The Jordan Area Community Council (JACC) recently sought the help of Hennepin County courts to resolve an internal dispute. On the surface, the issues result from the exceptional diversity of successful, talented, and intelligent people that compose the council membership and the board. At the core, the issues are indicative of the many problems brought about by the nation’s foreclosure crisis, and the fervent desire to provide assistance to residents so that the community maintains its talented and diverse roots.
The person at the center of the controversy is JACC Executive Director Jerry Moore. Problems have recently arisen due to a lack of cohesion on the board, resulting in members choosing sides according to their personal concerns, and loosing focus of the fundamental purposes of the organization. Recent events have provided an opportunity to alleviate these problems and continue the focus on community building work.
A tense argument arose at the August board meeting and a member of the board verbally attacked Moore in an unprofessional and physically animated fashion. Due to a history of miscommunication between the two, and submission of a formal request for Moore’s removal, Moore felt compelled to seek legal protection in resolving the dispute.
The judge ruled against the restraining order, but made very strong suggestion that the board member curtail the current path of divisive actions.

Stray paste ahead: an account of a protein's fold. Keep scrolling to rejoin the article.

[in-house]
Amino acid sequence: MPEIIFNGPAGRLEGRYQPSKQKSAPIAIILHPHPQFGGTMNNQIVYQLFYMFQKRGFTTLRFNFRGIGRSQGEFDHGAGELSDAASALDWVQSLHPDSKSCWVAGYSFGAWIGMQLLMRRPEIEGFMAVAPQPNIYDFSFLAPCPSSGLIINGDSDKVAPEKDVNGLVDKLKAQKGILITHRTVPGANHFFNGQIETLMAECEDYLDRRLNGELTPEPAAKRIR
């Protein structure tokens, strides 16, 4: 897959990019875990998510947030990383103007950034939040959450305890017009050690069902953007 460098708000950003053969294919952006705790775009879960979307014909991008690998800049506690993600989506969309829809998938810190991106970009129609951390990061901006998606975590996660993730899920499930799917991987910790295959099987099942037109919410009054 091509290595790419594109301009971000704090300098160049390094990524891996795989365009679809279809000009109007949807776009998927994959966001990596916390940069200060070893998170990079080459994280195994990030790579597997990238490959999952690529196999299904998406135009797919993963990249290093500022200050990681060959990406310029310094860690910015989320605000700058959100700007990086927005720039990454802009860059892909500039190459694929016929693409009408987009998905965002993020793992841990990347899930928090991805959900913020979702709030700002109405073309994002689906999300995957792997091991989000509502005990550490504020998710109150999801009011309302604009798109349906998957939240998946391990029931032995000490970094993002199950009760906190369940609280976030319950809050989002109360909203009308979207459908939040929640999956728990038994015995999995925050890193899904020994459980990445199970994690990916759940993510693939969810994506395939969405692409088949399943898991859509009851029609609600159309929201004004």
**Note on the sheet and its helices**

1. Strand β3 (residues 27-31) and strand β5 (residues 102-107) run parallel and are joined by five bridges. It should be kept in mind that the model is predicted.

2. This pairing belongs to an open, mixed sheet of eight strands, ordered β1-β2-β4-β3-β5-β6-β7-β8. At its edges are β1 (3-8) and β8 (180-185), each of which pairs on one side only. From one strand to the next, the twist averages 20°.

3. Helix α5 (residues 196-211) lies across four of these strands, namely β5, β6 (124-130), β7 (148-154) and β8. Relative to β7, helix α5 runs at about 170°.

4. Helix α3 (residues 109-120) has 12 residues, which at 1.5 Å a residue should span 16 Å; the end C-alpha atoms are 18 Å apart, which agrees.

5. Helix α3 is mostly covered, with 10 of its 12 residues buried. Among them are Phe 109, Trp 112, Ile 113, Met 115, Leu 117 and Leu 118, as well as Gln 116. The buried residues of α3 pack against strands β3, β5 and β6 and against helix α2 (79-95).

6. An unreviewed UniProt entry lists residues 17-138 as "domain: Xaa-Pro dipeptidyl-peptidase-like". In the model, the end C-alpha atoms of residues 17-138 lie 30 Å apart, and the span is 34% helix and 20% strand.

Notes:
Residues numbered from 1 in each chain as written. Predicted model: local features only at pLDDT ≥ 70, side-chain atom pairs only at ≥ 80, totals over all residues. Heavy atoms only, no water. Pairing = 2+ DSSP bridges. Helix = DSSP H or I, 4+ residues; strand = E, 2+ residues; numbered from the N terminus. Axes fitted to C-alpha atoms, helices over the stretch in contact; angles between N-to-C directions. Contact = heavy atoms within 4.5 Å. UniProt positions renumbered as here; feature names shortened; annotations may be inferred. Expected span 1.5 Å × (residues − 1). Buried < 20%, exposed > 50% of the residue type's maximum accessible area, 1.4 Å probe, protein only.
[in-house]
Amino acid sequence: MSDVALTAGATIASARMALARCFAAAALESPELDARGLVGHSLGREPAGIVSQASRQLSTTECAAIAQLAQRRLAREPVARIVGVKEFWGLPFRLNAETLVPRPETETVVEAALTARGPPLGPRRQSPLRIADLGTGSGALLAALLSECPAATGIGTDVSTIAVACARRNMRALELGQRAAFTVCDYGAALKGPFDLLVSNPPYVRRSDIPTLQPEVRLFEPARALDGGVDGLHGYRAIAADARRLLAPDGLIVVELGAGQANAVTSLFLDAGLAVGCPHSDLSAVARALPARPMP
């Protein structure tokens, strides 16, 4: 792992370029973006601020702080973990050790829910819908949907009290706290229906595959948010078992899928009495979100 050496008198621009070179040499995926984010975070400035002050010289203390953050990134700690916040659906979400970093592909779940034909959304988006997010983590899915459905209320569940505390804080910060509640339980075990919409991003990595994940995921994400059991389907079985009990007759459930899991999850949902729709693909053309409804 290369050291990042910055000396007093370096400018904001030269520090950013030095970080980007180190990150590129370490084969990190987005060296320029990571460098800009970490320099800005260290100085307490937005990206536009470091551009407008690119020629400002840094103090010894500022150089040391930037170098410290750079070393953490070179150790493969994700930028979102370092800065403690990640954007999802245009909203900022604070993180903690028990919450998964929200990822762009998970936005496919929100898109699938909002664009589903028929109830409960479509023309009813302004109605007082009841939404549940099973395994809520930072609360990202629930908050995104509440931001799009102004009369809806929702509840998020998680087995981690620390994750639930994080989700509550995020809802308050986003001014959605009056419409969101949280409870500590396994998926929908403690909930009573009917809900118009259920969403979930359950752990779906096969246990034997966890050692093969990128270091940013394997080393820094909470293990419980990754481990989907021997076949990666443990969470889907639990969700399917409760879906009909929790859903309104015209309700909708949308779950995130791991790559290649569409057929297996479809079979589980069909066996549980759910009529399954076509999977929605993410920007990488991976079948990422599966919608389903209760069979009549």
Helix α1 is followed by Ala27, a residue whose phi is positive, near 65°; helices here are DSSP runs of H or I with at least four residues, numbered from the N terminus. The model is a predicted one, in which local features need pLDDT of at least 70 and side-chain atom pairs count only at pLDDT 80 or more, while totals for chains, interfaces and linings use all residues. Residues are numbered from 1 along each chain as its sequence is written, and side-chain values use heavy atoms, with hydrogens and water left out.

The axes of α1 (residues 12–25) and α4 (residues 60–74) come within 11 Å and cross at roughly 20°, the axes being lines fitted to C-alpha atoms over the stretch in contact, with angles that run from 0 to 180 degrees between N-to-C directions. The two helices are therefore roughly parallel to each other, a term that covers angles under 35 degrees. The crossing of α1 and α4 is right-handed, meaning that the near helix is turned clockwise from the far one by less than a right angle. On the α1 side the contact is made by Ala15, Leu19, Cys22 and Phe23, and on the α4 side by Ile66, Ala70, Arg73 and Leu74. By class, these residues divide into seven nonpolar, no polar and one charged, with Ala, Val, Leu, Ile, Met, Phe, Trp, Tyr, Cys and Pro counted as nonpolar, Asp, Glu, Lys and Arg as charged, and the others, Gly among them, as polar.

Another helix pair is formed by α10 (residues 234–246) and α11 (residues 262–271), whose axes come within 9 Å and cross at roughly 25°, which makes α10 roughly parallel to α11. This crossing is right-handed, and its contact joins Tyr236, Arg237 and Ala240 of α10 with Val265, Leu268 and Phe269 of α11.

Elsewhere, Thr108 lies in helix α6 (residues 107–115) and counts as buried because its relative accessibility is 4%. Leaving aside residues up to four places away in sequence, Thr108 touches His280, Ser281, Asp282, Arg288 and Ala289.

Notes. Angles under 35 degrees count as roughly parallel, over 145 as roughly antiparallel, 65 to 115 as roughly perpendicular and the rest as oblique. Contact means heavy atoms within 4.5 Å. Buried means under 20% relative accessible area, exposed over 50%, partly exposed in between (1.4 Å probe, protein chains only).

Putting the conflict in perspective, in an interview, Moore suggested that “The cost of having such an authentic, knowledgeable, genuine, and diverse group of bright and articulate, residents and business owners, is that occasional clashes are inevitable, but generally end in a greater focus on service towards the greater goal.”
In Moore’s two years as the Executive Director of JACC he has seen many ebbs and flows, but the track record of the organization’s overall success continues on a progressive path. Moore spoke passionately about the Northside community his organization serves. He said, “The questions that I constantly seek to answer are: How do we change the lives of the common people that we see walking down the street and how do we stimulate authentic growth? The answers are that we root ourselves in hope, and invest our efforts into the natural leaders and talented youth that provide North Minneapolis with a wealth of that same hope. No one can keep this community down. I’m constantly inspired by our resiliency.”
JACC works on housing, youth engagement, and community organization. Among the major recent accomplishments of JACC is strong participation in a major statewide initiative through Minnesota Housing Finance Agency that is bringing a broad coalition together to attack the foreclosure crisis. Studies have shown that over 50% of foreclosure victims have not contacted a community or state counselor to fully explore options to saving their home. Other organizations that JACC partners with are Hennepin County, Habitat for Humanity, Northside Community Reinvestment Coalition, and Jewish Community Action, among several others.
“Our strongest focus right now is on housing. We are focusing both the stabilization of current residents because we don’t want to loose neighbors,” Moore said.
“We can serve our neighbors the best by ensuring that there is quality, affordable housing. If we can put that together along with strong engagement of our business corridors then we can provide a safer and more inspiring community for our children.”
“The major success that we have had is through creating a stronger, and more personal, engagement with our neighbors. The more that we can get together face to face, the more ideas, solutions, and excitement we can create,” he said.
To participate view the JACC website at www.jordanmpls.org or call (612) 886-3202.